What exactly is driving the change is a point of dispute. The mayor, William Vescio, says he and his allies are merely tinkering with a well-intentioned law that has had an unfortunate, unintended consequence: making it difficult for the average homeowner to tack on an extra bedroom or deck.

But opponents see a populist screen for something more nefarious: a handout to the developers who have backed Mr. Vescio, an attempt to appease a prominent family intent on building its dream house, even an effort by the mayor to benefit himself. And they say the net effect of the proposed changes – excluding decks and attics from size calculations and reducing the required setbacks for large houses, among others – will be an assault on the village’s small-town character.

Mr. Vescio and his allies dismiss these critiques as the overblown conspiracy theory of a political faction bitter about its recent electoral defeat.

But the debate has done more than roil village hall. It has also provided a rare peek into the social, cultural and political divisions that often go unacknowledged, at least in public, in a small town. Residents now talk, uneasily, of a clash between old-timers and newcomers; developers and environmentalists; the country club set and those who have never held a nine-iron.

People were howling at the 1999 "Bulk Law" the moment it was amended in 2003. There seemed to be merit to the idea that it was excessive.

The debate began to shift three years later, though, when a prominent local couple, Brian and Heather McVeigh, pushed for the permits and variances required for Mrs. McVeigh’s parents, George and Elaine Behling of neighboring Ossining, to build their dream house on an old plot of family land on Ridgecrest Road.

Neighbors complained that the sprawling Georgian colonial planned for the site was out of character with the neighborhood and would block views of the Hudson River. And the fight turned ugly. Words were exchanged at public meetings; anonymous diatribes showed up in mailboxes; the McVeighs and Behlings collected dozens of signatures in support of their project; and both sides spent huge sums on lawyers, engineers and architects, according to residents and documents filed with the village.

The drama took a turn for the worse when, midway through the quest for their dream home, the Behlings were faced with a change in the bulk housing law. The board of trustees, led by Peter Chatzky, then the mayor, altered the method for measuring house size, and also required larger setbacks for larger homes.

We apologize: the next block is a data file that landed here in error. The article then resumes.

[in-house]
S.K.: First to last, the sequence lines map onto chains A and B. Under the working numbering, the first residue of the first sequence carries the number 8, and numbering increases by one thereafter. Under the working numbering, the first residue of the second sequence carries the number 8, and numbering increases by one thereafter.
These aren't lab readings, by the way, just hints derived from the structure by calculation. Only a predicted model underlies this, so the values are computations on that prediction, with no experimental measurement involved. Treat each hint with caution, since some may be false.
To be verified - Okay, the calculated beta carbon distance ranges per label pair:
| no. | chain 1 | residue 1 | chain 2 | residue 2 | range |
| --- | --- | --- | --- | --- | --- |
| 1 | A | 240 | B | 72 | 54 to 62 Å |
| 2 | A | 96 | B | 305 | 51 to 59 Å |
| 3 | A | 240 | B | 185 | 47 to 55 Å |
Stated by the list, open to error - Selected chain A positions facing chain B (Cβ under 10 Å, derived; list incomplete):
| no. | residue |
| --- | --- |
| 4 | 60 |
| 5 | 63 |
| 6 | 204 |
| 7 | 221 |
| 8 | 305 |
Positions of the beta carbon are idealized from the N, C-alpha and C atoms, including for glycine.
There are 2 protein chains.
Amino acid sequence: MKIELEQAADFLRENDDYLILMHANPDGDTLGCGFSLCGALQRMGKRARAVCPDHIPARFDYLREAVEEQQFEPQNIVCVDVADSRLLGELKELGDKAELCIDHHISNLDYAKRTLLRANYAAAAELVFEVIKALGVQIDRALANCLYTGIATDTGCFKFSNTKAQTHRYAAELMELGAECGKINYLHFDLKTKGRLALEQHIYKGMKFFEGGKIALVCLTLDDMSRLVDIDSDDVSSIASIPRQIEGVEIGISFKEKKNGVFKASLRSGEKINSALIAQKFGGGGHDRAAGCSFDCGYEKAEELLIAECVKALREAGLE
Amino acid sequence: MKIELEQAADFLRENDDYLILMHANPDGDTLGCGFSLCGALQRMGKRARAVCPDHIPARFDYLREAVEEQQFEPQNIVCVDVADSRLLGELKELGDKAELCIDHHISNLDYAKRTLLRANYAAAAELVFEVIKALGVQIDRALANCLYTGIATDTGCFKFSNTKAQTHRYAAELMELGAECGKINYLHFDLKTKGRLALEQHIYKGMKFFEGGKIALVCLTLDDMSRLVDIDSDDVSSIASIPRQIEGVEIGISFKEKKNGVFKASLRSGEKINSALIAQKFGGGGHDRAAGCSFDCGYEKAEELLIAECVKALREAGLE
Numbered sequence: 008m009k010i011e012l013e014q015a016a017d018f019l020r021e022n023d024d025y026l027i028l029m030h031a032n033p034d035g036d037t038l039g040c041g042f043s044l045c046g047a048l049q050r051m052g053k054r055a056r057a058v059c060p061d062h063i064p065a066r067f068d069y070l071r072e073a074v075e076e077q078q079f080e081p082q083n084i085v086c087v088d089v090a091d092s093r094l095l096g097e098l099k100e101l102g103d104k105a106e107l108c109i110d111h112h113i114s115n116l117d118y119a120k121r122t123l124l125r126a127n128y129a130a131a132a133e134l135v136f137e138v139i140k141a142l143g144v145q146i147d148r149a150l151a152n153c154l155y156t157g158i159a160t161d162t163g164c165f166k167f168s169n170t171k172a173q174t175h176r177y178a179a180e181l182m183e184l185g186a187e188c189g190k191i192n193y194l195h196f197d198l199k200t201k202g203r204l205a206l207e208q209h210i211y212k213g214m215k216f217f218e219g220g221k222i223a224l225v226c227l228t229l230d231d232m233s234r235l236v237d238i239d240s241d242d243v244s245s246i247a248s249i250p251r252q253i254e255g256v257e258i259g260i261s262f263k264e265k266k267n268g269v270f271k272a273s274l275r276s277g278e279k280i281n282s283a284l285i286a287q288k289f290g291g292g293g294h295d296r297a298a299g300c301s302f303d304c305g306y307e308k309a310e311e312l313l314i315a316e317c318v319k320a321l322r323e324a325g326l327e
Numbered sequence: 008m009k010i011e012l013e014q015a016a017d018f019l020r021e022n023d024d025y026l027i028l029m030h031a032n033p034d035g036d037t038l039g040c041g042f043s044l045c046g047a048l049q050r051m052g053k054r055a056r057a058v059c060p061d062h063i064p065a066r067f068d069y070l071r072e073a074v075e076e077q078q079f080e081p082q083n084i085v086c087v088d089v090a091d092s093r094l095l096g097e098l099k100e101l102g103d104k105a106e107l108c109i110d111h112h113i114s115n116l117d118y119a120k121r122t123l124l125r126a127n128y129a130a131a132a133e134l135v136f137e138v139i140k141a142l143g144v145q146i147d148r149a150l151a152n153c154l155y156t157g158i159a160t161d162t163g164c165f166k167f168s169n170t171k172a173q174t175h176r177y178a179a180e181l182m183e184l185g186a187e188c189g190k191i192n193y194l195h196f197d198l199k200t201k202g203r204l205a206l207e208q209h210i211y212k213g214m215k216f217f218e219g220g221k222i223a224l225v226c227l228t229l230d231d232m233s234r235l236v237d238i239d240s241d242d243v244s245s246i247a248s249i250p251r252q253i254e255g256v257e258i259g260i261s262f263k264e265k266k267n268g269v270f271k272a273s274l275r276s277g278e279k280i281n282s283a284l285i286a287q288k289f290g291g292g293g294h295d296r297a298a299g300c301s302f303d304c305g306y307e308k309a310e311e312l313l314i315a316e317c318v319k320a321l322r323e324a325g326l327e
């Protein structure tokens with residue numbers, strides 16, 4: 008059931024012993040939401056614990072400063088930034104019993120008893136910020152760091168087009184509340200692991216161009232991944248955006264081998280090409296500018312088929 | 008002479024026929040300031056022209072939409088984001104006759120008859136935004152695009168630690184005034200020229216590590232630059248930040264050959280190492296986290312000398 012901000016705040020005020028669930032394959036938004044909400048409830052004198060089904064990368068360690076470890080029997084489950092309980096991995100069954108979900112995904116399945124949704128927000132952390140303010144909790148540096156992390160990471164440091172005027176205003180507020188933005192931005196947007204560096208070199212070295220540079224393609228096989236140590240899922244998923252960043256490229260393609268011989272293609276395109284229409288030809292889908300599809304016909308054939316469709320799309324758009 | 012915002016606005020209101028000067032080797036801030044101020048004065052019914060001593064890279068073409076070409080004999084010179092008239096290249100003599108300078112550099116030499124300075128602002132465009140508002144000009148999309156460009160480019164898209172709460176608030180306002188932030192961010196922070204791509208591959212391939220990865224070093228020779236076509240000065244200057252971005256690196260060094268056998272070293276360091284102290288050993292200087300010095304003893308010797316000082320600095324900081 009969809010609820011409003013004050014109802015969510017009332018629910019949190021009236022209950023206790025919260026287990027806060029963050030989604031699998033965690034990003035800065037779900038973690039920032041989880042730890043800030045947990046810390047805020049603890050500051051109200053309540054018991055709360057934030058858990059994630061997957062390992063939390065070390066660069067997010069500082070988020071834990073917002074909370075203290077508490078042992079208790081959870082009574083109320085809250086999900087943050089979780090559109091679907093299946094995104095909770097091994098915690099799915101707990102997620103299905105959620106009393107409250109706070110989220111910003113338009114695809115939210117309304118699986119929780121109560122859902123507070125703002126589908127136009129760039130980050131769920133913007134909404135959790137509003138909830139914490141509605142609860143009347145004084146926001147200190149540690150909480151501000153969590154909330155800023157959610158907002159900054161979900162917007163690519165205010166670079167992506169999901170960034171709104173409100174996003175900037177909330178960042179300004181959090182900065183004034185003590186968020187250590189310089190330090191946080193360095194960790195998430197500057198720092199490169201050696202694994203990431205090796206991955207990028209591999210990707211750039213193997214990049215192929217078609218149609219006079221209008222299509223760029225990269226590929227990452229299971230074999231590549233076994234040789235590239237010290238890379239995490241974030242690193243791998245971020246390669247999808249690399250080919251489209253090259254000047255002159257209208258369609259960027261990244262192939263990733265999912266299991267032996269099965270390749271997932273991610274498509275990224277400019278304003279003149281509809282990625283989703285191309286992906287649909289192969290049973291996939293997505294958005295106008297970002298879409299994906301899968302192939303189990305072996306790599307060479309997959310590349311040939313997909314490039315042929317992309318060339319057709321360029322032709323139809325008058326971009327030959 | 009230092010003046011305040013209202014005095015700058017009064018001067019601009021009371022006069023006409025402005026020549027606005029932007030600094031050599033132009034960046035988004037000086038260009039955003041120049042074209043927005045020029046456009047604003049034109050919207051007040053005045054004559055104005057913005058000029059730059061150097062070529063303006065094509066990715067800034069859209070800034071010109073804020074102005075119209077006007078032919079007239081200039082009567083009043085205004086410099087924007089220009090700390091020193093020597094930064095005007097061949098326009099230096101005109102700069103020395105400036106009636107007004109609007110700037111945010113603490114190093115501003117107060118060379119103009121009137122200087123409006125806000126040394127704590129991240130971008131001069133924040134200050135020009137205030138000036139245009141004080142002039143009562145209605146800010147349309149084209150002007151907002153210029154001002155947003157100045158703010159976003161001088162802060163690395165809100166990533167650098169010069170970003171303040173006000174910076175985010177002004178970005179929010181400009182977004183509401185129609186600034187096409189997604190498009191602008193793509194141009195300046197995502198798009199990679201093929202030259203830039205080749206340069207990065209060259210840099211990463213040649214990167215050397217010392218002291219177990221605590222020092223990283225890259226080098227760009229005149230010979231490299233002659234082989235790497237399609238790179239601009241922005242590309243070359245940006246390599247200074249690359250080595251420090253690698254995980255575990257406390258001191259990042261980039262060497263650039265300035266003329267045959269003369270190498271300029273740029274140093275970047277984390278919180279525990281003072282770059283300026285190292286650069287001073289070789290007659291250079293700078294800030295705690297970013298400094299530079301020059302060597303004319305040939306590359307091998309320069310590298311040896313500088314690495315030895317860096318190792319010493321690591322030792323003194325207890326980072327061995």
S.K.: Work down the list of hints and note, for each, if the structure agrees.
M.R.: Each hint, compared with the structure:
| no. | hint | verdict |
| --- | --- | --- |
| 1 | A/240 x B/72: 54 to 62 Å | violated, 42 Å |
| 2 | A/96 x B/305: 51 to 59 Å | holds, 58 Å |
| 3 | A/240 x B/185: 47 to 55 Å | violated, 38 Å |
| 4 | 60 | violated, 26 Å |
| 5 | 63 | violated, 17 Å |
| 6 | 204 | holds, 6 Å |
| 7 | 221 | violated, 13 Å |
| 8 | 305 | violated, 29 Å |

Mr. Chatzky explained his rationale recently: "Like every other Westchester community, we saw this trend toward big homes. And with fewer and fewer lots in Briarcliff, there was an urgency to protect a dwindling resource." The McVeighs and the Behlings argued that the house they proposed was compliant under the old law, but not the new. The planning board countered that the proposal complied with neither law. And with that, one family’s grand project became the trophy-home-that-wouldn’t-be.

Daniel Zucchi, a 37-year resident of Briarcliff Manor who owns a media consulting business and was a trustee from 1990 to 1996, has sided with McVeighs. "The truth of the matter is, they were the victims of the passage of this law," he said. "Many of us felt that this law was directed specifically at them."

BUT Mr. Chatzky, his allies and the neighbors who battled the McVeighs over the house and the bulk housing law saw an effort by a powerful family, longtime members of the Sleepy Hollow Country Club, to strong-arm the village.

Well, they’re naming names now. It seems a shame that they have to resort to class warfare instead of the merit of an argument, but that is the MO nowadays. The article goes on the state that the new mayor wants to revise the law back to its old form, but of course he is now accused of his own conflict of interest. If you are from around here, this article is like eavesdropping on gossip. I almost feel dirty reading it.

So where do I stand? Well, I’d like pedestrians on Pleasantville Road to look before they cross. And I am for people being able to have quiet enjoyment of their property with a bare bone minimum of government interference whether they are the mayor or a DPW grunt.